Monday 16 July 2018

Spring is the season for sprogs and squawks

Swallow in flight. Photo: Getty
Swallow in flight. Photo: Getty

Fiona O'Connell

With April well under way, we've swapped Easter risings for swallows swooping.

I spotted the first of these ferocious little fliers less than a fortnight ago when I was in Northern Ireland, where they sky-dived and darted like musical notes across the dunes at Portballintrae. Which was the very same day that my dog sitter texted to say that swallows had just breezed over the bridge.

While these birds act as a barometer for beckoning summer, spring is still very much in the air. Which means that this is the season for sprogs.

Certainly, the resident riverbank pair of blackbirds have been performing relentless relays to the food stations in my yard, filling up before the arrival of their chicks. The male, with his amazing orange-rimmed eyes and matching beak, appears almost the instant that the increasingly rotund and brown-feathered female has had her fill.

Though it's not just the birds and the bees but also human beings who are full of the joys of juveniles this weather. My spaniel's saviour, vet Eoin Wilson, became a father for the first time only months ago.

Meanwhile local healthstore owner Edel's three-year-old son is getting ready to follow in his sister's footsteps this day next week

With his hands stuffed into the pockets of his diminutive duffel coat, and beaming a smile from one wet behind the ear to the other, Evan looked for all the world like a two-foot tall farmer when I last saw him. His Spider-Man bag was already packed to the gills with essential snacks to sustain him on the epic sponsored walk from his kindergarten to the not really so nearby playground.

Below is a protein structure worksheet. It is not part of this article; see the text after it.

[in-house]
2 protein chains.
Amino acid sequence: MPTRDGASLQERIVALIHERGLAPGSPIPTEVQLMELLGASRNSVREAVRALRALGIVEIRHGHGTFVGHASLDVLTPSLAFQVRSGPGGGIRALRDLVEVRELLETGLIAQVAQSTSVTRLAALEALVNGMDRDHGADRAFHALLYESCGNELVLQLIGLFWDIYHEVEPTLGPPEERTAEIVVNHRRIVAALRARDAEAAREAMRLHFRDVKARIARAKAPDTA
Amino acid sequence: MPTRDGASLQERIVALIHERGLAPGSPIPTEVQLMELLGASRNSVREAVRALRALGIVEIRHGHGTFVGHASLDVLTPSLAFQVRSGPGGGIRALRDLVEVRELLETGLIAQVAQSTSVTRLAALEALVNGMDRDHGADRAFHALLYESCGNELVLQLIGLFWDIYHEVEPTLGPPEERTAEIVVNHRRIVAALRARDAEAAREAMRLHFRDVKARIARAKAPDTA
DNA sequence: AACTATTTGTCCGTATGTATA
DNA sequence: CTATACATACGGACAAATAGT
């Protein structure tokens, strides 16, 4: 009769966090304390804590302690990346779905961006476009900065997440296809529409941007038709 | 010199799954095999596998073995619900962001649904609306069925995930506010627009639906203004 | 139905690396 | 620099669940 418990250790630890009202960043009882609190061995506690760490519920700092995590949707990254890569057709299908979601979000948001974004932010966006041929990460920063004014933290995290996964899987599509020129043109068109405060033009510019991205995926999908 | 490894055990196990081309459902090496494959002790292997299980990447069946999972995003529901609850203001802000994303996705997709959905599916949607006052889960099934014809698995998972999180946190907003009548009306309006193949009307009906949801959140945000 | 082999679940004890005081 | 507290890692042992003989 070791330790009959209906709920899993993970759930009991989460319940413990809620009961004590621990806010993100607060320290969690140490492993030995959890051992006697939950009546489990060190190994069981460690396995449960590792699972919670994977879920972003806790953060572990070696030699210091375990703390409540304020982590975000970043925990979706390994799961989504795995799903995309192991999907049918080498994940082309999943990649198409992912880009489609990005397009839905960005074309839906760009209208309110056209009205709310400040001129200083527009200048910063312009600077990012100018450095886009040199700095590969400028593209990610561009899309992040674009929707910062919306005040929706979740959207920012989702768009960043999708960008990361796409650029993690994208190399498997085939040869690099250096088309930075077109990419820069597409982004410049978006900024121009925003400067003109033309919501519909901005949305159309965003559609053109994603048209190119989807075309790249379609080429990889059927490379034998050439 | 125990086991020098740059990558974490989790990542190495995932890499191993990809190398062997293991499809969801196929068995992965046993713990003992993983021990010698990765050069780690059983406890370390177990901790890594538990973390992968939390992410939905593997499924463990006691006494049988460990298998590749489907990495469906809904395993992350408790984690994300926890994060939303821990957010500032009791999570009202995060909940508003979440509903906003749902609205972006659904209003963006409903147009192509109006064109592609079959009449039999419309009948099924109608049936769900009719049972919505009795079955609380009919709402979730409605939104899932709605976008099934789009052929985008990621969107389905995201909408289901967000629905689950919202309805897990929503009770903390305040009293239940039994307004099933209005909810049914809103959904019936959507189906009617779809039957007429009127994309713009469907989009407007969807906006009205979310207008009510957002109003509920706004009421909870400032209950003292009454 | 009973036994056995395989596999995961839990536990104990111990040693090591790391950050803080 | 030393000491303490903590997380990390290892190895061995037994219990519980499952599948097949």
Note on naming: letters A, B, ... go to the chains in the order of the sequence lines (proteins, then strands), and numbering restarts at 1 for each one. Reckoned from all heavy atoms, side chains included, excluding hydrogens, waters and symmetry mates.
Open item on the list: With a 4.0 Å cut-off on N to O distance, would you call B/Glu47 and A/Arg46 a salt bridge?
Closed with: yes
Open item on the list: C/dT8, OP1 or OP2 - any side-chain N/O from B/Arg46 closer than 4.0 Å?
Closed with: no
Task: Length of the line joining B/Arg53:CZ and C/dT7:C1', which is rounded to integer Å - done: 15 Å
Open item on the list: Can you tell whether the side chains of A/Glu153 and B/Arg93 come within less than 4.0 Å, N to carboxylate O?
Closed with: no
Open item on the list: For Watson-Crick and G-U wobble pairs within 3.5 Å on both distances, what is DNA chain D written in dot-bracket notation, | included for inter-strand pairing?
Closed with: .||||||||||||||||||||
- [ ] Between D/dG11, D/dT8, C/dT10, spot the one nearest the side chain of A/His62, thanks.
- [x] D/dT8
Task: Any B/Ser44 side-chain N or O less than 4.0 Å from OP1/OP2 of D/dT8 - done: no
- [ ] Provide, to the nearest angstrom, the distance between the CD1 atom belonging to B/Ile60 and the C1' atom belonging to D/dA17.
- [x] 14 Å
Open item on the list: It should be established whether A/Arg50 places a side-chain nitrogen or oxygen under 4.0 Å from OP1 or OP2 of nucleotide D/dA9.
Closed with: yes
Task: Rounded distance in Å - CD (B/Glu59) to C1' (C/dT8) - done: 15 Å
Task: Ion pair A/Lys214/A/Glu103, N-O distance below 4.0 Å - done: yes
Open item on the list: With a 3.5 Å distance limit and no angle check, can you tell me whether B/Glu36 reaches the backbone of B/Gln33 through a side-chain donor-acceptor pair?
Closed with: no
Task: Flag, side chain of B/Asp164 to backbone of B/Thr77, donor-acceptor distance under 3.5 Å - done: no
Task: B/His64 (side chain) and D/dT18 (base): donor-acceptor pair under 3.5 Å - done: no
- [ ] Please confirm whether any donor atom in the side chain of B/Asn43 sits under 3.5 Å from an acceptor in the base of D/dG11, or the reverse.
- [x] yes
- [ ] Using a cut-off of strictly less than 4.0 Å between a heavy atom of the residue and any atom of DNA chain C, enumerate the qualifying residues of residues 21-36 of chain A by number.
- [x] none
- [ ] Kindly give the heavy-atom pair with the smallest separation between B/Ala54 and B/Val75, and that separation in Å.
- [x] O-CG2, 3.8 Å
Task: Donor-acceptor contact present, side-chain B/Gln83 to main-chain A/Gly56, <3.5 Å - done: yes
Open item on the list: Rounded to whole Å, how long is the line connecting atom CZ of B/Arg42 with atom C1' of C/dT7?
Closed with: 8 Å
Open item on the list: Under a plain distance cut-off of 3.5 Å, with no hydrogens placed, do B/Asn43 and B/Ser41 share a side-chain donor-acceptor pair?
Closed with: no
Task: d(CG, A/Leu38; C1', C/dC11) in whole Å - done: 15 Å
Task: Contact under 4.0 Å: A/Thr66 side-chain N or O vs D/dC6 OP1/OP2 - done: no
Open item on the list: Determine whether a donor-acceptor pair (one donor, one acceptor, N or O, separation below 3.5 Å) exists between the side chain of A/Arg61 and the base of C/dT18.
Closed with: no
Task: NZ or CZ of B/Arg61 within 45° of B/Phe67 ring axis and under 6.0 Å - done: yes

Clearly feeling on top of the world, even if only taking up a tiny portion of it, the travelling toddler was singing a peculiar little tune.

He's not the only young one who likes yodelling. Apart from the full-bellied blackbird's exquisite singing every sunset, a baby rook has taken to hitting - or rather hammering - the high notes outside my back door.

Most likely he is related to the rook that I managed to save one winter solstice, for that sooty black senior still visits from time to time. He is unfailingly polite, flapping off on his huge wings at the slightest sound of my approach.

But this young rook (should that be rookie?) has no such qualms about not keeping quiet. He regularly perches atop a wooden pole out back, where he performs what I hesitate to call a song, though it fulfils the criteria, involving as it does both noise and rhythm, even if the sound consists of a crescendo of croaky caws followed by a tone-deaf squawk.

Then again, the judges at this country town's X Factor competition - which takes place in The Salmon Pool pub in less than a week's time - might relish a bit of 'rook and roll'.

Sunday Independent

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